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Who Wrote The Torah? #748

10/14/2022 05:41:56 PM

Oct14

Rabbi Irwin Huberman

V'Zot HaBrachah: “Never again did there arise in Israel a prophet like Moses...” Deuteronomy 34:10

Who Wrote The Torah?

 

A controversial line found in the final three sentences of the Torah has challenged the Jewish people for hundreds of years.

It appears just after the death of Moses and reads:

“Never again did there arise in Israel a prophet like Moses....” (Deuteronomy 34:10)

Rabbis, scholars, theologians and others have discussed this sentence for centuries, leading to one of the most debated questions within all of Judaism.

Is it possible that someone offered this retrospective comment many years after Moses’s death, and if so…

“Who wrote the Torah?”

Was it God - according to Jewish tradition - who dictated it to Moses about 3,400 hundred years ago?

Or was the Torah compiled of sacred scrolls and accounts - edited by Ezra the Scribe about 1,000 years later - to inspire and uplift the Jews during challenging social, economic and multi-cultural times?

In addition to this sentence, “biblical critics” point to some names and places that did not exist during the time of the Exodus. Were these texts written at some later date?

Or, according to traditional Judaism, does the futuristic statement “never again....” reflect God’s and Moses’s prophetic capabilities?

Indeed, it is the traditional view that through deep study, guided by great commentators, such as Rashi or Maimonides, we can gain a better understanding of God and the divine nature of the universe.

So, the question remains: Whose words are contained in the Torah?

In my view, it doesn’t matter. A better question is, how can we apply Torah to our everyday lives - and what role do we play in the story?

In any case, whatever its authorship, the Torah was far ahead of its time.

The Torah contains the Ten Commandments. It teaches that there is a higher transcendent power inspiring us to pursue meaning above pleasure.

The Torah instructs us to use words kindly, to empathize with our fellow human beings, to “honor our neighbor as ourselves.”

The Torah espouses the value of diversity, the significance of taking care of the environment and the immeasurable importance of “doing” rather than declaring or feigning belief.

In short, the Torah is a way of life.

Indeed, whoever put these words to parchment – God through Moses or scribes through Ezra - the Torah is a living document.

And each us inherits that tradition from Moses.

The Talmud tells the story of Moses being time-traveled by God 1,500 years into the future to the study hall of the great sage, Rabbi Akiva, who is discussing various issues of the day with his students.

In the story, Moses is saddened because he does not understand the content of these future discussions.

A student asks Rabbi Akiva the source of some of his teachings, and Rabbi Akiva replies that they are based on the laws of Moses.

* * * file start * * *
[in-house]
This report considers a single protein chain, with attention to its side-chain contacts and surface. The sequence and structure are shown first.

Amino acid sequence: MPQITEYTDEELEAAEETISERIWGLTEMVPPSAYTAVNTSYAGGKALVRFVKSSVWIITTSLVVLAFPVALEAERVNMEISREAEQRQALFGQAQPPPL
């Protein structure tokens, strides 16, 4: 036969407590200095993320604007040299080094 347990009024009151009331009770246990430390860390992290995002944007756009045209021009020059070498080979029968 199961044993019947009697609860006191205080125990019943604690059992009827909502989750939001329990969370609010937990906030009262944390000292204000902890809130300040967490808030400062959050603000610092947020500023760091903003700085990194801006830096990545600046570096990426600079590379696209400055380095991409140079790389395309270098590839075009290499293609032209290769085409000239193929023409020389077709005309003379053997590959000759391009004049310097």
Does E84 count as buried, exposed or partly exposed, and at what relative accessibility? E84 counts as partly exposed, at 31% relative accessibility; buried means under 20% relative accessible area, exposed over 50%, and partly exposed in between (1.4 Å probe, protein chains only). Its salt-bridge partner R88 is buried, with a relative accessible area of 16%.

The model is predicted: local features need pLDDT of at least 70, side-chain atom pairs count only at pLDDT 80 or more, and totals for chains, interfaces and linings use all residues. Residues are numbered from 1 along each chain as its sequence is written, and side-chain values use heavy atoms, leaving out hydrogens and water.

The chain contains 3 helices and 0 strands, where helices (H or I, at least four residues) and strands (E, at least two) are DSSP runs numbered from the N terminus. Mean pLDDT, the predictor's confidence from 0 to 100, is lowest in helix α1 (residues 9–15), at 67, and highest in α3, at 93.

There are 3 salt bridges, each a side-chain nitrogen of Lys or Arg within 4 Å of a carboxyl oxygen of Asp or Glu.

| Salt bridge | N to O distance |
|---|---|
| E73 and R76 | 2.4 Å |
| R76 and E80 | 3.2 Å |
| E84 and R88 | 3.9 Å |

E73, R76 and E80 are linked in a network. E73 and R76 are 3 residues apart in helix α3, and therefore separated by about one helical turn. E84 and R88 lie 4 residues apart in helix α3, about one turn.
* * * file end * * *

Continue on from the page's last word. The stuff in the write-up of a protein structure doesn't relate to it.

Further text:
And Moses is comforted.

This has been the story of the Jewish people. Throughout history, we have been able - through discussion, debate and even disagreement – to apply these ancient words to contemporary issues we, as a people, and the world face.

In its opening sentence, Pirkei Avot, our ancient collection of wise sayings, tells us that Moses received Torah at Mount Sinai.

Torah - Not the Torah.

Torah means that the teachings of these sacred books, which we complete this week, are more than words on the page – they are values to inspire us.

Therefore, it is up to each of us - by learning, debating and even questioning Judaism - to become part of the journey.

There are so many denominations, perspectives and approaches to the practice of Judaism. I believe each one to be sacred.

At many tables after High Holiday services, there were discussions – based on prayers, readings and sermons - about what it means to be a good person on this earth, and how to live life with meaning.

No matter what our background, level of education or practice, each of us explores daily what it means to be a mensch and how to get there.

The Torah tells us this week that there would never be a prophet quite like Moses. The Torah - perhaps God - knew that in advance.

We cannot be Moses. But, as tradition teaches, each one of us was at Mount Sinai in spirit, and therefore each of us possesses the capacity to become the greatest teacher within our own home.

This Torah’s final pages remind us of that. Whether or not you read Hebrew, whether or not you go to temple, whether or not you follow traditional practices, to those who look to you, you are the universe’s greatest role model.

Let us remember the potential within each of us as we complete the Torah and return next week to the beginning.  

Indeed, whether you are a traditional Jew, a critical Jew or a wandering Jew, we can agree - thousands of years later - that there has never been a prophet quite like Moses.

This beautiful chain of Torah links each of us to Mount Sinai and the story of Moses and the Israelites.

It makes each one of us within Judaism so valued and special.

Indeed, there never was - and never will be - a prophet like Moses.

But according to our tradition, to present and future generations, there will never be a teacher quite like you and me.

Shabbat Shalom, v'kol tuv.
Rabbi Irwin Huberman

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